Coffee and Your Conscience

So the question is: do we want to enjoy a cup of coffee for our own sense of enjoyment and fulfillment with a total disregard to the environment and its health?

Any right thinking individual would agree that coffee at the cost of the environment is a heavy burden and cost. Therefore the viable alternative that best answers the problem is Organic Coffee.

Although Organic Coffee has a very poor history as its starting point, it has now become one of the most important products that are traded in the world. Organic coffee was first started by agriculturists who did not have the necessary resources to buy pesticides and fertilizers. For a long time hence countries like Brazil with a large scale intensive farming methods did not join in. It was pushed up by countries as Mexico and Columbia which got small scale farmers organized into co-operatives. Organic coffee is now sold by almost all the countries that have been listed above. Mexico is the biggest exporter and along with Peru and Guatemala account for 80% of the total organic coffee export in the world.

With the right kind of media coverage and write ups as well as some amount of aggressive campaigning, the shade grown organic coffee is attracting a lot of buyers. In fact anyone who knows his coffee knows that organic coffee produces a superior taste and this has nothing to do with the processing or way of brewing.Hence organic coffee is the answer to a good cup of coffee which leaves you with a sense of vitality and well fed social conscience.

Fair Trade Coffee

It is pertinent to drive home the point that organic coffee and its popularity has been in direct response to the changes in the International Coffee Trade. However the cost of coffee has not seen a major jump, mainly because the consumption is far short of the produce and as the figures go, the world production was at 114.5 million bags while the consumption stood at 108 million bags. This gross difference has caused prices to depress causing coffee to move away from a luxurious brand to a product of mass consumption. As a result traditional farming methods have been restructured into methods that are environmentally non- conducive. Smaller coffee farmers have been forced to sell off their land. Alongside some have chosen to grow more beans in sun fields so that the yield is more and the slump in prices can be compensated. Therefore a new type of coffee has been introduced – The Free Trade Coffee that addresses these problems. The rise of this coffee is closely aligned to the organic coffee movement and addresses the issues of sustainability and free trade practices.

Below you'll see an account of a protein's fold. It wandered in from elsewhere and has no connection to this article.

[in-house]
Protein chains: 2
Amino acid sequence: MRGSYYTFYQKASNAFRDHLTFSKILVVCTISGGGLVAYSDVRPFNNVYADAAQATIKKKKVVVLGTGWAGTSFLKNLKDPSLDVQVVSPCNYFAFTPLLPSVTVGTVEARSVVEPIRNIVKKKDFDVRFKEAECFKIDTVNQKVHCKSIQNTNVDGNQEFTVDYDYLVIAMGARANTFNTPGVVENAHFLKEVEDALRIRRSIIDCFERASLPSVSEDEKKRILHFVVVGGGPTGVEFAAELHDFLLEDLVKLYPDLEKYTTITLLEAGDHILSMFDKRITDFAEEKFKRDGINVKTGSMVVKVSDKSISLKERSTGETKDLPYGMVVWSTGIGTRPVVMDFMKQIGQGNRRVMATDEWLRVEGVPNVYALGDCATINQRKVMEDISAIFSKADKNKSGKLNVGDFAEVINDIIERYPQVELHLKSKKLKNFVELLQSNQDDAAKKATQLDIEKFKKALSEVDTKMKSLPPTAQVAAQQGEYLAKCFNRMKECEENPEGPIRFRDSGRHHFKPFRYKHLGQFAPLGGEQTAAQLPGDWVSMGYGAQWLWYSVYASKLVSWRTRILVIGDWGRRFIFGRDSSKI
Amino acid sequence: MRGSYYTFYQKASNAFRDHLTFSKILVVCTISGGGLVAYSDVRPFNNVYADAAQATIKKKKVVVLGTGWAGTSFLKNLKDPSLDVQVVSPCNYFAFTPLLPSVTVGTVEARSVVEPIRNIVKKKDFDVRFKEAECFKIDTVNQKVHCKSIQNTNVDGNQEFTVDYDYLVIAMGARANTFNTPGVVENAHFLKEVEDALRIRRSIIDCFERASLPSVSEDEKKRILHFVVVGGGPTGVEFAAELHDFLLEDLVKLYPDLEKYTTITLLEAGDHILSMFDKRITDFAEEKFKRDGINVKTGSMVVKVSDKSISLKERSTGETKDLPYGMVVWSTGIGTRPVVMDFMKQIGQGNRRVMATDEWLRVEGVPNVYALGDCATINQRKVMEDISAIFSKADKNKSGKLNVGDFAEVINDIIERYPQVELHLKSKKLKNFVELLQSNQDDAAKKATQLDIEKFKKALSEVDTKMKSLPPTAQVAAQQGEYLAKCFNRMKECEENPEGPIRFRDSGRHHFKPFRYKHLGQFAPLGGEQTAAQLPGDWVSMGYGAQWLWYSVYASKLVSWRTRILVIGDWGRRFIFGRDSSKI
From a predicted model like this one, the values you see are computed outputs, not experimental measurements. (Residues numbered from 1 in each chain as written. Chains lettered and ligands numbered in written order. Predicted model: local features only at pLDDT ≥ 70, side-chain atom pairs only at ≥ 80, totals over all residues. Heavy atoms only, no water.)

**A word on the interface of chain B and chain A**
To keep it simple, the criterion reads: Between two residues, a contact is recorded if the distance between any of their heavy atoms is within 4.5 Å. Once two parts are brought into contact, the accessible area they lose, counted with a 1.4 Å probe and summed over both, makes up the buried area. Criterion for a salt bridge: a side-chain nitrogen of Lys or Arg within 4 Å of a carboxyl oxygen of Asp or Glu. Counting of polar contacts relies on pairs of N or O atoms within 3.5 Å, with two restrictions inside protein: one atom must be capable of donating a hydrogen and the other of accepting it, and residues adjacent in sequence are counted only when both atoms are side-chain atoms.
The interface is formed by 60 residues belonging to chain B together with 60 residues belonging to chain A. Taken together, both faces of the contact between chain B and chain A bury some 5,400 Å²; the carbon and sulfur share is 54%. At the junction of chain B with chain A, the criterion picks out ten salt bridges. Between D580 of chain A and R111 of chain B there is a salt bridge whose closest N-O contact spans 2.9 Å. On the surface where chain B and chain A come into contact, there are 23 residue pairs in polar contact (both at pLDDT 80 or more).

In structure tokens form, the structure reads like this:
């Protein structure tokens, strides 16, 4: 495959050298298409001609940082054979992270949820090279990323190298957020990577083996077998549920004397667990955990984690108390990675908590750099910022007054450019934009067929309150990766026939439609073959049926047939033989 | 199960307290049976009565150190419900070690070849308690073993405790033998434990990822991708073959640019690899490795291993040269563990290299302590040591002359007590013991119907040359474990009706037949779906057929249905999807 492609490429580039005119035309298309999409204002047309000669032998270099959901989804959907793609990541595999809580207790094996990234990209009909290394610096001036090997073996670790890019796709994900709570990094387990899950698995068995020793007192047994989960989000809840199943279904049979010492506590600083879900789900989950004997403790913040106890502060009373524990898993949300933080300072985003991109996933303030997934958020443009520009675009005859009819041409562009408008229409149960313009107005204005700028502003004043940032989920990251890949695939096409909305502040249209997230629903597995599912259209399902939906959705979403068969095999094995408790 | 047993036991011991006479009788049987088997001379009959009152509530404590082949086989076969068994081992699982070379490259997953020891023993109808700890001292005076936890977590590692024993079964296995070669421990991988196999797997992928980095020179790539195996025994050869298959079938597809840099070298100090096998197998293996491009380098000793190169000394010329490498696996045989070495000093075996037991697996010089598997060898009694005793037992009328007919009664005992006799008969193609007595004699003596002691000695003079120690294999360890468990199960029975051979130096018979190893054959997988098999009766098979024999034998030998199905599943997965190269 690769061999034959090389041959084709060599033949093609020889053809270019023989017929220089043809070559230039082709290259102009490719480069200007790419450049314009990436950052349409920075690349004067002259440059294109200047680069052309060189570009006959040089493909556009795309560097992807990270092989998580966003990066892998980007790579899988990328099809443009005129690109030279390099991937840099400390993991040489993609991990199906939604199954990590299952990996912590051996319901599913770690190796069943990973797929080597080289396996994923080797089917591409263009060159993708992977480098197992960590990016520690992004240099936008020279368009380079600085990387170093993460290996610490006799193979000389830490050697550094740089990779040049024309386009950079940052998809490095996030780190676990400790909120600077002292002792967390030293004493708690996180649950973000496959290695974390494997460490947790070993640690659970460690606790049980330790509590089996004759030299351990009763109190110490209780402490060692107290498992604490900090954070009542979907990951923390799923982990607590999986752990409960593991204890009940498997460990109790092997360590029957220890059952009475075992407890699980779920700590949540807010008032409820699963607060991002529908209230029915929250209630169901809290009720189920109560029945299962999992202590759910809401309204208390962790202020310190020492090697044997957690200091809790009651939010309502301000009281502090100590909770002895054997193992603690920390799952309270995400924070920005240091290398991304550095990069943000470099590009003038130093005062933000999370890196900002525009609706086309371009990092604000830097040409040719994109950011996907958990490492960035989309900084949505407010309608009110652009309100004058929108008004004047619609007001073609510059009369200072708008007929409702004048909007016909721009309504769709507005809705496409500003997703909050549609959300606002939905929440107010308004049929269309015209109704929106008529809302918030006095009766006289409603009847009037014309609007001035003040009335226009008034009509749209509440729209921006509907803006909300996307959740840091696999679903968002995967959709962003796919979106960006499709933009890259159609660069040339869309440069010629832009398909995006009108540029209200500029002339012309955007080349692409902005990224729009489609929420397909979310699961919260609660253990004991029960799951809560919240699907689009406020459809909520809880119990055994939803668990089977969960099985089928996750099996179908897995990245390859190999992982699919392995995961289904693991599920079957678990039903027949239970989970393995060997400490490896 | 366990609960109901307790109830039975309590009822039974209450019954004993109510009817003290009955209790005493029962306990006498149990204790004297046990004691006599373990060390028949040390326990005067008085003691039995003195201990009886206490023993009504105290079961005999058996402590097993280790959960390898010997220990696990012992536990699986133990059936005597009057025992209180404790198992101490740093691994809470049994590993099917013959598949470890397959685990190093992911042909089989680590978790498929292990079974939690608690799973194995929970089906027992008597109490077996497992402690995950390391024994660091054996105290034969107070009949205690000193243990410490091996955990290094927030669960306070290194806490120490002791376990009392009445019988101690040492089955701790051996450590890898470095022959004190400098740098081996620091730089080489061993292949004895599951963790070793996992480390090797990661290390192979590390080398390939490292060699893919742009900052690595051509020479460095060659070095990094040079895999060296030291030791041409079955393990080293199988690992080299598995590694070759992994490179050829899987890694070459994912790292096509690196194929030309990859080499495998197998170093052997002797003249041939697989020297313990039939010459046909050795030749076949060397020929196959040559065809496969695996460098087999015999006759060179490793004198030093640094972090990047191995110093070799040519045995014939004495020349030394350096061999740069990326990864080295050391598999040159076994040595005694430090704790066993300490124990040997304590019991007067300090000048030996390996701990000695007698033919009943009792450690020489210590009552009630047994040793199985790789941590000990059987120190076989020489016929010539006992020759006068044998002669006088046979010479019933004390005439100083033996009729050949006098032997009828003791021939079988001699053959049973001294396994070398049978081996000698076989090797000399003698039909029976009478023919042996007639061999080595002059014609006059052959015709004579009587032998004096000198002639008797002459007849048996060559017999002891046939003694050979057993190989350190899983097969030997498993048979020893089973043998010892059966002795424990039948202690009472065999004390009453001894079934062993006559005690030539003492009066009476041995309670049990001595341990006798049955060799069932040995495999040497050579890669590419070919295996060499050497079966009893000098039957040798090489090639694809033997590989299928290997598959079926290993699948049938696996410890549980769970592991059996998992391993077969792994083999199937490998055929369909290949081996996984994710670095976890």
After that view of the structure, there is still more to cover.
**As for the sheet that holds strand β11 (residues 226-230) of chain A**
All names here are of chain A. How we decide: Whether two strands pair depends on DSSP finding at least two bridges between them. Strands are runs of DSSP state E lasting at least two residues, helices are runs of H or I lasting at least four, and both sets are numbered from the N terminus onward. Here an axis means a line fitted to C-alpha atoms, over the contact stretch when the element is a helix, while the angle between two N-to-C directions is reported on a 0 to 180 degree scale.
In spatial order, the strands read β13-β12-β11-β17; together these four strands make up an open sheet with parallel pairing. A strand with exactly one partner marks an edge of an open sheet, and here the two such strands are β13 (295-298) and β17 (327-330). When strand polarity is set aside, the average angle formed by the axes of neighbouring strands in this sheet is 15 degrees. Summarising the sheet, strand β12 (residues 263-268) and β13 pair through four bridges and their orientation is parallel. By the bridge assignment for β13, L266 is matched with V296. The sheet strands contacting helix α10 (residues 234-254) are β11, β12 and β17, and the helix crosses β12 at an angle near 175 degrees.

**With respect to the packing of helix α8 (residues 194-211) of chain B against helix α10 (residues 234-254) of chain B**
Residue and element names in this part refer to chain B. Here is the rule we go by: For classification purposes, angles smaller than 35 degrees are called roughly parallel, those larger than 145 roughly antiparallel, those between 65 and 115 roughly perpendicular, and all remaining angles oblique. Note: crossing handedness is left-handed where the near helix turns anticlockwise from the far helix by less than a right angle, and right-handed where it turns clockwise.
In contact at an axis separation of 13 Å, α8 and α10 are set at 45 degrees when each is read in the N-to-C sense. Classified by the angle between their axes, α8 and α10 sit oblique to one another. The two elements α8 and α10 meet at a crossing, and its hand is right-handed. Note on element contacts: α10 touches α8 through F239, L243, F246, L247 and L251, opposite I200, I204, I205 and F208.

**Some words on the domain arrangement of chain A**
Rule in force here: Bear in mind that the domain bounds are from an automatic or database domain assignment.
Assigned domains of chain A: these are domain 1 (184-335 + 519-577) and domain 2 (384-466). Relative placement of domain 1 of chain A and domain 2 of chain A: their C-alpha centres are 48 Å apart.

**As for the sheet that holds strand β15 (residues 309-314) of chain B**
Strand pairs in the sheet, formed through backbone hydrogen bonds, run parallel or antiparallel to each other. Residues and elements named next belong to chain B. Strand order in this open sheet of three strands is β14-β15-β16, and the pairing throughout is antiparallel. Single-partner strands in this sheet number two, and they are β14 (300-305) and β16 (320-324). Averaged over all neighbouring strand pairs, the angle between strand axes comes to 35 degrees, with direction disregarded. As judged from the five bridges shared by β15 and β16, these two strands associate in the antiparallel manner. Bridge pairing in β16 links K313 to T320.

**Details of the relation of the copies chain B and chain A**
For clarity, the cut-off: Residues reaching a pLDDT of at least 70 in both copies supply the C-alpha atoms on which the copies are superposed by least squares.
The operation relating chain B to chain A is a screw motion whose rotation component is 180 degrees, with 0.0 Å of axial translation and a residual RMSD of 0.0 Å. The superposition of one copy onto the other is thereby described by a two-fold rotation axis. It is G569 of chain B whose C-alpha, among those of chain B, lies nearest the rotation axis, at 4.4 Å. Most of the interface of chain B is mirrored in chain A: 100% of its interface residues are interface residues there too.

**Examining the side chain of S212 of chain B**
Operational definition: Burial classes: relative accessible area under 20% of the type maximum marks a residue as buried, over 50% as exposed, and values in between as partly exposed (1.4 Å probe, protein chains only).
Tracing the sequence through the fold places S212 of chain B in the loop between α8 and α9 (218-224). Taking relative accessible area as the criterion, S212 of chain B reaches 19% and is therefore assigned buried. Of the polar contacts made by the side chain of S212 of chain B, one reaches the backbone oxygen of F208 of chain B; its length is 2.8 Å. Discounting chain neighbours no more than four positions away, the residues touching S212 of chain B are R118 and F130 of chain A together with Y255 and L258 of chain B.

Coffee Growing Nations

Coffee is grown in more than 50 countries around the world. It was arguably discovered in Ethiopia. Brazil, Columbia, Indonesia and Ivory Coast are the largest producers and exporters of coffee in the world.

Coffee was brought to Puerto Rico from Martinique in 1736 and by the late 19th century Puerto Rico was the 6th leading exporter of coffee in the world. However Puerto Rico could not maintain its world standing as it failed to effectively combat competition from the world market. In addition, major hurricanes also provided the most unsuitable of all climates.

Other countries are Guatemala, Caribbean Islands, Costa Rica, Columbia and Brazil.

In Africa, the coffee producing nations are Ethiopia where coffee was first discovered, Kenya, and Ivory Coast.

From the Arabian Peninsula, the port of Yemen gave to the world the famous Mocha coffee, named after the port from where the coffee was shipped. Mocha became synonymous to Arabian Coffee. The Dutch combined the Mocha with the coffee grown in Java to produce a fine blend that we know today as Mocha - Java

In Asia, countries which grow good premium brew are Indonesia, Vietnam and some parts of Southern India. Coffee in these parts of the World was not as popular as tea. It is to the credit of the coffee industry that has managed to turn such traditional tea drinking societies into coffee users. In fact coffee production in these countries is scaling new heights and countries as Vietnam, Sri Lanka and Indonesia are fast moving into the Organic Coffee map.

Organic Coffee- Certification

Production of organic coffee in usually under an ecologically developed agroforestry management system that looks into aspects related to sustainable development, especially of the soil and forest/plantation cover where it is cultivated.

For a brand to be declared organic there are certain clauses that have to be fulfilled which is later reviewed by a third party that certifies that the product is indeed organic. The certifying authority oversees whether the following have been met or not:

  • Has the coffee been produced without the help of pesticides and other prohibited substances for 3 years;
  • Has there been a sufficient buffer between the organic coffee and the nearest conventional crop;
  • Has there been a pattern of crop rotation that has prevented erosion of the soil and depletion of the soil nutrients.


There are a few bodies around the world that look into the issue of organic certification, applicable in the case of organic coffee too. The Global Organic Textile Standards (GOTS),USDA National Organic Program (NOP), European Organic Regulations (EU 2092/91) ,Export Certificates for Japan (JAS Equivalent),Indian National Programme for Organic Production (NPOP) and Quebec Organic Reference Standard (CAAQ) oversee the process of certification of the organic products.(www.onecert.net)

Organic Coffee – A Switch worth Every Cup

Therefore organic coffee is not just about taste, or individual health; but about a whole lot of larger issues- especially those related to sustainability, health and sometimes even livelihood and empowerment. The rising popularity of organic coffee has been in response to a growing international market for the produce. Since coffee occupies a prime position in the trade scenario, demands for organically grown coffee cannot be glossed over. This has led to an increase in the volume of production and coffee brands eager to ride the organic bandwagon.

Further Reading and Online Resources

  • Fair Trade Coffee. This video is an overview of Fair Trade Coffee and how it can make a difference.
  • Growing Organic Coffee - Sanora Vida
  • A Look at Organic Indian Coffee: The Araku Valley in southern India is one of the best places to grow coffee.
  • Fair Trade Coffee - An interview with a Fair Trade Coffee merchant.

References

  • Organic Trade Association
  • The Coffee Wiki
  • Fair Trade Coffee

See Also